bloglovinBloglovin iconCombined ShapeCreated with Sketch. Fill 1Created with Sketch. Fill 1Created with Sketch. Fill 1Created with Sketch. Fill 1Created with Sketch. Fill 1Created with Sketch. rssRSS iconsoundcloudSoundCloud iconFill 1Created with Sketch. Fill 1Created with Sketch. Fill 1Created with Sketch. Fill 1Created with Sketch. close searchCreated with Lunacy

3 Lies Everyone Believes About Avoiding Copyright Infringement

Woman researching avoiding copyright infringement

Today I’m talking about the three big lies that you might have heard about avoiding copyright infringement.

You might think you’re not committing copyright infringement, but… you could be wrong. (Did you get that reference?)

In this video, you’re going to learn what every online brand needs to know about avoiding copyright infringement on the internet.

Lie number one: if I’m not charging anything, or making money from it, then it’s not copyright infringement. Right?

Wrong.

Copyright infringement is what’s called “strict liability.” That’s lawyer speak for: just doing the act is enough.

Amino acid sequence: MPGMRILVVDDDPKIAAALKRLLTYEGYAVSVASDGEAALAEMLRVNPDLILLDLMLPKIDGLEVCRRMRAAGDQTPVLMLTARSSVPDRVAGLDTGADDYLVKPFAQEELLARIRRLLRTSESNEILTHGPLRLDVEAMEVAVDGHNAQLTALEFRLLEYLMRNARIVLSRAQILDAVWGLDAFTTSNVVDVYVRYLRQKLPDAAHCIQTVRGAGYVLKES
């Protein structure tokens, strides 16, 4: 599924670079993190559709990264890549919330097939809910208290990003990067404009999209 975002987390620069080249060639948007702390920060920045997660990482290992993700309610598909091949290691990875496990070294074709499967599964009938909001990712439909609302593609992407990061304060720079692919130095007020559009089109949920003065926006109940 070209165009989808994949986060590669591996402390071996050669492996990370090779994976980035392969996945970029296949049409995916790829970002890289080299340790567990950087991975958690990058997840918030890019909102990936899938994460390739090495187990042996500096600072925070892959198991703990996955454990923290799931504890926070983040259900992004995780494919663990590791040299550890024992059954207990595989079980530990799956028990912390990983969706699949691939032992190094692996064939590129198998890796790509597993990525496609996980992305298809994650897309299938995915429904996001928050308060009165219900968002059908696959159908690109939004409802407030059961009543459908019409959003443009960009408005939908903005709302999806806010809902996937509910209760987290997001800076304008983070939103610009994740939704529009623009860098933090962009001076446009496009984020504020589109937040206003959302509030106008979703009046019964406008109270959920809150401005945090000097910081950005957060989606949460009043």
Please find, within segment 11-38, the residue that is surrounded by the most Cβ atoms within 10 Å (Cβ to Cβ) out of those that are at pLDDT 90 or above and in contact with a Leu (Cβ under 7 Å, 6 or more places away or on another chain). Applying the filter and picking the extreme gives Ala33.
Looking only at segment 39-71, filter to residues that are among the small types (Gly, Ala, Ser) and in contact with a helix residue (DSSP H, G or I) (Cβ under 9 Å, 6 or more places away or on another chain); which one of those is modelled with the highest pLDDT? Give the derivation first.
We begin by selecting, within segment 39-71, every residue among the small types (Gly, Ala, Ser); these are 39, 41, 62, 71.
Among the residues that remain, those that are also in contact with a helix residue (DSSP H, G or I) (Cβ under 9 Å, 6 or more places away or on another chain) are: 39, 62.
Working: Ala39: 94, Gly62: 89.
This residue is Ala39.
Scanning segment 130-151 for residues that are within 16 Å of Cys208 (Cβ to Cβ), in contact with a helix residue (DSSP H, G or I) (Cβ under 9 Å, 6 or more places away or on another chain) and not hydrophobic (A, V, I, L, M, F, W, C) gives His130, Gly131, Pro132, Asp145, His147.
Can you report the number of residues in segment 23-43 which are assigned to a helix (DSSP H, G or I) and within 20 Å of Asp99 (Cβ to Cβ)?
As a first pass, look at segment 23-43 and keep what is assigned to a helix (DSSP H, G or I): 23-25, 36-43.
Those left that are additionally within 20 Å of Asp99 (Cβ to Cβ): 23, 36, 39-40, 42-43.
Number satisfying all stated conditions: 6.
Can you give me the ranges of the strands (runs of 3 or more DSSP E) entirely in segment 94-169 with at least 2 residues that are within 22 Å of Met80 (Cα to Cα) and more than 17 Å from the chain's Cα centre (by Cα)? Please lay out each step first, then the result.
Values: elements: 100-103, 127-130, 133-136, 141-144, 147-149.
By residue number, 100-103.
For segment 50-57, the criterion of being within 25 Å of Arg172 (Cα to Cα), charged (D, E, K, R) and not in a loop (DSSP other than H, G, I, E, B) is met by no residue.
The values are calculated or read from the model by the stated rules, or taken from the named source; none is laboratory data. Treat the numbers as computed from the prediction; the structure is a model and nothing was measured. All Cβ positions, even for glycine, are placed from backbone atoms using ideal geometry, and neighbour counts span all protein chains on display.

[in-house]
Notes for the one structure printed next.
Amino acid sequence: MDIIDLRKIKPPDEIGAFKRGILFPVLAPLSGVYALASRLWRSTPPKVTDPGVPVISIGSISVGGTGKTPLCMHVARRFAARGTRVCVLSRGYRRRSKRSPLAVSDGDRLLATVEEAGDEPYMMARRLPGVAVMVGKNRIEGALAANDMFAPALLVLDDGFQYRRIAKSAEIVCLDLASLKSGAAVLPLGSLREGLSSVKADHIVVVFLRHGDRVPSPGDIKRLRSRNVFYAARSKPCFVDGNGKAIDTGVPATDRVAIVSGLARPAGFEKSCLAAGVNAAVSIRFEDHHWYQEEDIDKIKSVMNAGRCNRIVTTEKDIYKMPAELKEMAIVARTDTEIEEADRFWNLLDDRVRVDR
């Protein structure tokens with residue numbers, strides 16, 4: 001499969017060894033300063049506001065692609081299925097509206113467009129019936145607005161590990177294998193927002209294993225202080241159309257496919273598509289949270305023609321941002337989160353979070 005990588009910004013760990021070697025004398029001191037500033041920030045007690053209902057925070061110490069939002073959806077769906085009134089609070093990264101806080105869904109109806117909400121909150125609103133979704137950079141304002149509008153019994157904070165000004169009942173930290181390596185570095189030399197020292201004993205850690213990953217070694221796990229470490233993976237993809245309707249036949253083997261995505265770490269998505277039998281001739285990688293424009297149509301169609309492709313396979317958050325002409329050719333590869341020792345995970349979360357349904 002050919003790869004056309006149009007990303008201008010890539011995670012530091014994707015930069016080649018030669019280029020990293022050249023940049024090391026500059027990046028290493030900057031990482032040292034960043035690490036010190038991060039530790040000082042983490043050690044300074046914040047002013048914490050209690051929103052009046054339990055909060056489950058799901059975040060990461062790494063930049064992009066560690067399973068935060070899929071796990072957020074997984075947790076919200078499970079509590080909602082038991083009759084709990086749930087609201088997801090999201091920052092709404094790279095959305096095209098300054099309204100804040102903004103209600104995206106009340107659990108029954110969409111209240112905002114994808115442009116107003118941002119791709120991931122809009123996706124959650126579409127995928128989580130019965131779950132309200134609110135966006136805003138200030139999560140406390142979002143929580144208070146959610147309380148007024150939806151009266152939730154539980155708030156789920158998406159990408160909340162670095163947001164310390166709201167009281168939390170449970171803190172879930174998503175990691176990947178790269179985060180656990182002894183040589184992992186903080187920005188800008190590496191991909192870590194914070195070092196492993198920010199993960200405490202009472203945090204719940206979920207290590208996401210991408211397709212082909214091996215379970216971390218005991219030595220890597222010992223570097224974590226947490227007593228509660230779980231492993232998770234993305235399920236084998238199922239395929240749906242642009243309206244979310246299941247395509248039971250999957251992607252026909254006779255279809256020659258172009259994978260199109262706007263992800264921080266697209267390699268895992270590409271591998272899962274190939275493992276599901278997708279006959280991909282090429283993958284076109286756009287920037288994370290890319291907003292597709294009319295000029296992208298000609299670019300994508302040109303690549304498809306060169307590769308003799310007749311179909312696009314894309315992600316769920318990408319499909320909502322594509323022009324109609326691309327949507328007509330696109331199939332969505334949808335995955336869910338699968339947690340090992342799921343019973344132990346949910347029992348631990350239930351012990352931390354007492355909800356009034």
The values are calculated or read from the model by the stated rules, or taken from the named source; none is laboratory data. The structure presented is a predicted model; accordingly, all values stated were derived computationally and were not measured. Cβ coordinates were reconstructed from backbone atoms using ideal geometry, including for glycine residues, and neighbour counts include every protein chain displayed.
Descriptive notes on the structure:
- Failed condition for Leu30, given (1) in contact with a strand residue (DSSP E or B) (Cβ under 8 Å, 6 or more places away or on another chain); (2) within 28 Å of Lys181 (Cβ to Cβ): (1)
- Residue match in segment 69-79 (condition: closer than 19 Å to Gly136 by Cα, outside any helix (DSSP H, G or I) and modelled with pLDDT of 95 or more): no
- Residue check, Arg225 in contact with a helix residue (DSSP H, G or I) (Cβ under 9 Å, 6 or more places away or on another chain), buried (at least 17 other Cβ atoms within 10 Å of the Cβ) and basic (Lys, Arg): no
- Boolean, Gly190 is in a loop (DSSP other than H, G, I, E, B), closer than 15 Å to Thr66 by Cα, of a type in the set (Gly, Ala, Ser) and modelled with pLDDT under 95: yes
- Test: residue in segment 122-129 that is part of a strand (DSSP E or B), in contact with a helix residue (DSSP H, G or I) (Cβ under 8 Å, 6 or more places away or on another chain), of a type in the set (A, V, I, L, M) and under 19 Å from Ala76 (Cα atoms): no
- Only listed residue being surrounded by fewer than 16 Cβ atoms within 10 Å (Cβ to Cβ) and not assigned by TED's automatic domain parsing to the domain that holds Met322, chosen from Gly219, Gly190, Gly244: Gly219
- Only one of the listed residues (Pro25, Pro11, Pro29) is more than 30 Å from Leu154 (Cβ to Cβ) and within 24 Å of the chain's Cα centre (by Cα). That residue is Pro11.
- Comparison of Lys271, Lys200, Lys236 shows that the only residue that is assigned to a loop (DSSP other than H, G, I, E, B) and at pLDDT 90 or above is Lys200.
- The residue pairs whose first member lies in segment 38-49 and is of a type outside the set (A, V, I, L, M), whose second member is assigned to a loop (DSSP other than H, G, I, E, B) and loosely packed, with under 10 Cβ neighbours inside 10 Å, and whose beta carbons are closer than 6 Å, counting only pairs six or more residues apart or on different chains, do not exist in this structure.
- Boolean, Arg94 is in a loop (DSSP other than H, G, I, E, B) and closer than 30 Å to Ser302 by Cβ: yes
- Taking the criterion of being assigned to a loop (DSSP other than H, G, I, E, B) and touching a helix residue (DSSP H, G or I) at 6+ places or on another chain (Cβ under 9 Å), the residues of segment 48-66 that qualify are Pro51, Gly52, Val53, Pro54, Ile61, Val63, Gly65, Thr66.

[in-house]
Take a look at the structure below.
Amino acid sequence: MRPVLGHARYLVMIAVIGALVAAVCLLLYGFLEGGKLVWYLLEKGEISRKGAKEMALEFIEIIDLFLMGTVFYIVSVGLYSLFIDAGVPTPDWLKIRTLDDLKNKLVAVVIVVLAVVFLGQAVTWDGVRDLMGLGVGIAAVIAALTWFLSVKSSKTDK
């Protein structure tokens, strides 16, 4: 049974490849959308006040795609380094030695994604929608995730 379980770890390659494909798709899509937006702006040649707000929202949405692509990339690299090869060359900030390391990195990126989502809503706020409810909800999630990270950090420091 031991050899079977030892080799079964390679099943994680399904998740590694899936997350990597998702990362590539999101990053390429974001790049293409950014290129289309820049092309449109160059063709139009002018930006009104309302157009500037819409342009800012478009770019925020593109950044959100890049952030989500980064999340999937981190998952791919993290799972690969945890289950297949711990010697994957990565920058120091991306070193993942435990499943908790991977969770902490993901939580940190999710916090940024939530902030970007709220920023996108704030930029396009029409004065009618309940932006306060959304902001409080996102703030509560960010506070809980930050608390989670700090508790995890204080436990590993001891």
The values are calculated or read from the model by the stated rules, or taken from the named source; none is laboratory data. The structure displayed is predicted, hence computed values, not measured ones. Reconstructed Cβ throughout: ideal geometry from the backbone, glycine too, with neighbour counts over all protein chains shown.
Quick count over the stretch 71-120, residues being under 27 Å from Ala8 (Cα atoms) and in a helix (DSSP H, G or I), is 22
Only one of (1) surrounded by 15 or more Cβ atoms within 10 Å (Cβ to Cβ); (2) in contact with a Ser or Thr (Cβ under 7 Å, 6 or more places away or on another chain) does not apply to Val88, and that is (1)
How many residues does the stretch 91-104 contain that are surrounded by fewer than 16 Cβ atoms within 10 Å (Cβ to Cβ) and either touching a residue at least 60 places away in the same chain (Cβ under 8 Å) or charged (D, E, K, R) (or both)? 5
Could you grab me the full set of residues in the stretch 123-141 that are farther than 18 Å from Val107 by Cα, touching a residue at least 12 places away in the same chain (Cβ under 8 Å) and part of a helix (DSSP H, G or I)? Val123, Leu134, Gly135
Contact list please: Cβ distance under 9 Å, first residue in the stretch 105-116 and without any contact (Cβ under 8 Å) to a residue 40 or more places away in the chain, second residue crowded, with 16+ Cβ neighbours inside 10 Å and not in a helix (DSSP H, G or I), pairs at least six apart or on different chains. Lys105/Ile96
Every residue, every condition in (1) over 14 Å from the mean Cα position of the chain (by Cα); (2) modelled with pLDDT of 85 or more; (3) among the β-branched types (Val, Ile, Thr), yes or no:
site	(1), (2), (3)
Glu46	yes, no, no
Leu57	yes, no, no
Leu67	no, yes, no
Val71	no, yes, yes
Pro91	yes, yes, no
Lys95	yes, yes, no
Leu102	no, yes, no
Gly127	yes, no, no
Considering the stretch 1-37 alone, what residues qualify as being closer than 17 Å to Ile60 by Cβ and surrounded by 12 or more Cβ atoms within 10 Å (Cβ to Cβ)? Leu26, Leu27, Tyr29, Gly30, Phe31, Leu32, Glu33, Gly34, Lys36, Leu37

There doesn’t have to be any kind of intent to commit copyright infringement. You don’t have to make money from it. Just the act of copying is copyright infringement. There’s no requirement that you make money in order for it to be considered copyright infringement.

(Sorry.)

Number two: if I add a disclaimer, or tag the original creator, then I can’t get in trouble.

Wrong. So wrong.

(Apparently, I’m into quoting Mean Girls today.)

You’ve seen “I claim no rights to this music,” or “I claim no rights to whatever” in people’s posts, right? But, like I just said, you’ve copied it. That’s it. That’s the infringement. Just copying or using someone else’s material without permission is infringement.